Remember the famous cable drop scene in Mission: Impossible where Tom Cruise abseils into a locked room full of lasers? That's how Apple design chief Jonathan Ive gets to work.
We're exaggerating, but only just. In Walter Isaacson's biography of Steve Jobs, he describes Ive's design studio as "shielded by tinted windows and a heavy clad, locked door. Just inside is a glass-booth reception desk where two assistants guard access. Even the most high-level Apple employees are not allowed in without special permission."
In a wonderful bit of pot-kettle-black criticism, other Apple employees describe Ive's design team as "secretive". When you're accused of secrecy by people who work for the most secretive company in the world, you must be pretty good at keeping secrets.
Secrecy is in Apple's DNA. Everyone from the Board of Directors to employees of far-flung subcontractors knows the importance of keeping schtum and the penalties of loose lips: as one anonymous Apple Store employee puts it: "You have to be late, like, 15 times before they'll fire you. But if you talk to the press or speculate to a customer about the next iPad? That's the end of you."
The culture of secrecy has made Apple the most talked-about company on the planet, kept rivals in the dark and made keynotes a magical occasion. However, in recent months there have been worrying signs that Apple's secrecy can actually harm it as well as help. Should CEO Tim Cook make Apple more transparent?
Want to know a secret?
There are several reasons why Apple likes to keep the rest of the world out of the Infinite Loop. The first and most obvious one is that it keeps rivals in the dark.
For example, according to an anonymous RIM employee (for obvious reasons, most of the people you'll read about in this feature prefer to stay anonymous), the launch of the original iPhone sent BlackBerry executives into a state of sheer panic.
There was no way the iPhone could work "without an insanely power-hungry processor", they believed. "It must have terrible battery life." As far as RIM's in-house experts were concerned, the iPhone was impossible. It wasn't, of course, but Apple's secrecy meant that RIM didn't know the world had changed until Steve Jobs said so.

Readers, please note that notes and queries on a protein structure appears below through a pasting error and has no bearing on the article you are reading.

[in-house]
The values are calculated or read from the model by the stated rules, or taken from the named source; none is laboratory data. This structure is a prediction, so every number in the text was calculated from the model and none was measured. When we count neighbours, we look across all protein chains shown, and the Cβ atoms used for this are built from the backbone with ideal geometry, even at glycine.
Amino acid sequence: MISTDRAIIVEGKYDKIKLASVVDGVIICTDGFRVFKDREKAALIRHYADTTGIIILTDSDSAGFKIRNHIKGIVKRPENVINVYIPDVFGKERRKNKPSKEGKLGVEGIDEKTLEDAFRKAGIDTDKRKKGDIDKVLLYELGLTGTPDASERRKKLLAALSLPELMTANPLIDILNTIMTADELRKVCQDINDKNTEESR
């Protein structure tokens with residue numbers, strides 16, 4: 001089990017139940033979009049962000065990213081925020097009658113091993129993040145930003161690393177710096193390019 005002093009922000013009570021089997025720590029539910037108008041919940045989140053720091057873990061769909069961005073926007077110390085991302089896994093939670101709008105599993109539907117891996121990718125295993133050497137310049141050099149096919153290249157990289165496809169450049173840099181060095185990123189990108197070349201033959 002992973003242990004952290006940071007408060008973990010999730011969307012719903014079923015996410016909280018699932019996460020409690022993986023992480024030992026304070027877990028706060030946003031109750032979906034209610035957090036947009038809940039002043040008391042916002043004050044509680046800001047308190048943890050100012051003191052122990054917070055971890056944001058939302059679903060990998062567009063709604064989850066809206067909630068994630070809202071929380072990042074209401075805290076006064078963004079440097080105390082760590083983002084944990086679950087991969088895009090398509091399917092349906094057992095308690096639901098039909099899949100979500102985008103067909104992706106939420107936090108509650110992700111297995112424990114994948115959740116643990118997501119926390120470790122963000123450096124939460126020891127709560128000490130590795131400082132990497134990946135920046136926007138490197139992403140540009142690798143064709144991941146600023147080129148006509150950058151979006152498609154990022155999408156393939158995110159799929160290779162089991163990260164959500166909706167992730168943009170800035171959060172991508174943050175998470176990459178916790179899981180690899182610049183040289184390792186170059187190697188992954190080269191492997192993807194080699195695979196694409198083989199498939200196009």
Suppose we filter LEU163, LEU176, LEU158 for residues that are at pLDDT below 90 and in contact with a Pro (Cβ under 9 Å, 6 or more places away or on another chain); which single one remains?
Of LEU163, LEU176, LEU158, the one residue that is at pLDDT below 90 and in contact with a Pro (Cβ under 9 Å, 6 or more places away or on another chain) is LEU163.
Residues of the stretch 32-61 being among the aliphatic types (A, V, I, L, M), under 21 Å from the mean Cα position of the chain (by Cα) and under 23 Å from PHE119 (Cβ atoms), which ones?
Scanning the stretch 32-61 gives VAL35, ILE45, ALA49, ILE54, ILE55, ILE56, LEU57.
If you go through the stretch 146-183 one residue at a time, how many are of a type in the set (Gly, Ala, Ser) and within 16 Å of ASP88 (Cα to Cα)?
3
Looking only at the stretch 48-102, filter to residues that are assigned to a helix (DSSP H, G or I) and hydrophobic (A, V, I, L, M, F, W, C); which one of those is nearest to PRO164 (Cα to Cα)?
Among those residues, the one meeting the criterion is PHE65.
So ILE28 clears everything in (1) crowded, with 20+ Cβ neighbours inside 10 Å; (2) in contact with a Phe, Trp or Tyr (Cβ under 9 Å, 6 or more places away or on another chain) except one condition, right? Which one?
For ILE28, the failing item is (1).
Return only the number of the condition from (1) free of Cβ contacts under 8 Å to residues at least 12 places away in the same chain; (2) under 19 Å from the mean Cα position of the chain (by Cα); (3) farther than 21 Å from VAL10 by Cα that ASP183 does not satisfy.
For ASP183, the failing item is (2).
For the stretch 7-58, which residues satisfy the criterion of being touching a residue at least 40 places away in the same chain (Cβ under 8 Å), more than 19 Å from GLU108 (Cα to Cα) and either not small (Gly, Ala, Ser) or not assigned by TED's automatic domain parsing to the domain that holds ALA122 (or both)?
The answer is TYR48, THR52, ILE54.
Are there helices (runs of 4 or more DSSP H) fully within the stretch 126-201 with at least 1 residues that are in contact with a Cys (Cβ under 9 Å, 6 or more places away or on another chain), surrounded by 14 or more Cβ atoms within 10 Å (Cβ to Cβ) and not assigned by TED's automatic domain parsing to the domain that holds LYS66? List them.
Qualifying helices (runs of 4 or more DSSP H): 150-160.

The second reason is that secrecy is a superb marketing tool. Apple is almost unique in its attitude to public relations: where other firms beg media outlets and bloggers for the slightest bit of coverage, Apple generally maintains a stony silence. The media effectively becomes Apple's PR machine, breathlessly reporting rumours and speculating about what Apple could have hidden up its sleeve.
God help anyone at Apple who helps fuel that speculation, though. Apple's internal policies on social networking, blogging and trade secrets, a copy of which was acquired by 9to5mac.com, effectively ban all employees from pretty much anything.
Employees: can't discuss Apple on their own websites; can't comment on Apple-related sites or blogs; can't discuss rumours, potential new products or improvements to existing ones with customers or anybody else; aren't allowed to speculate on rumours; and must ensure that "content associated with you is consistent with Apple's policies." Even "speculating on rumours with internal Apple colleagues is strictly prohibited."
"As an Apple employee you have an obligation to protect the confidential, proprietary and trade secret information of the company," the document says. "For example, do not discuss any Apple confidential information including your store's financial or business performance, and the timing, pricing or design of Apple's products. Also, do not post pictures of the inside of the Apple Store - including the back of house - as those are not generally made public. Finally…" - and this one's obviously been ignored by whoever passed the document to 9to5mac - "…do not post or disclose the contents of any Apple policy."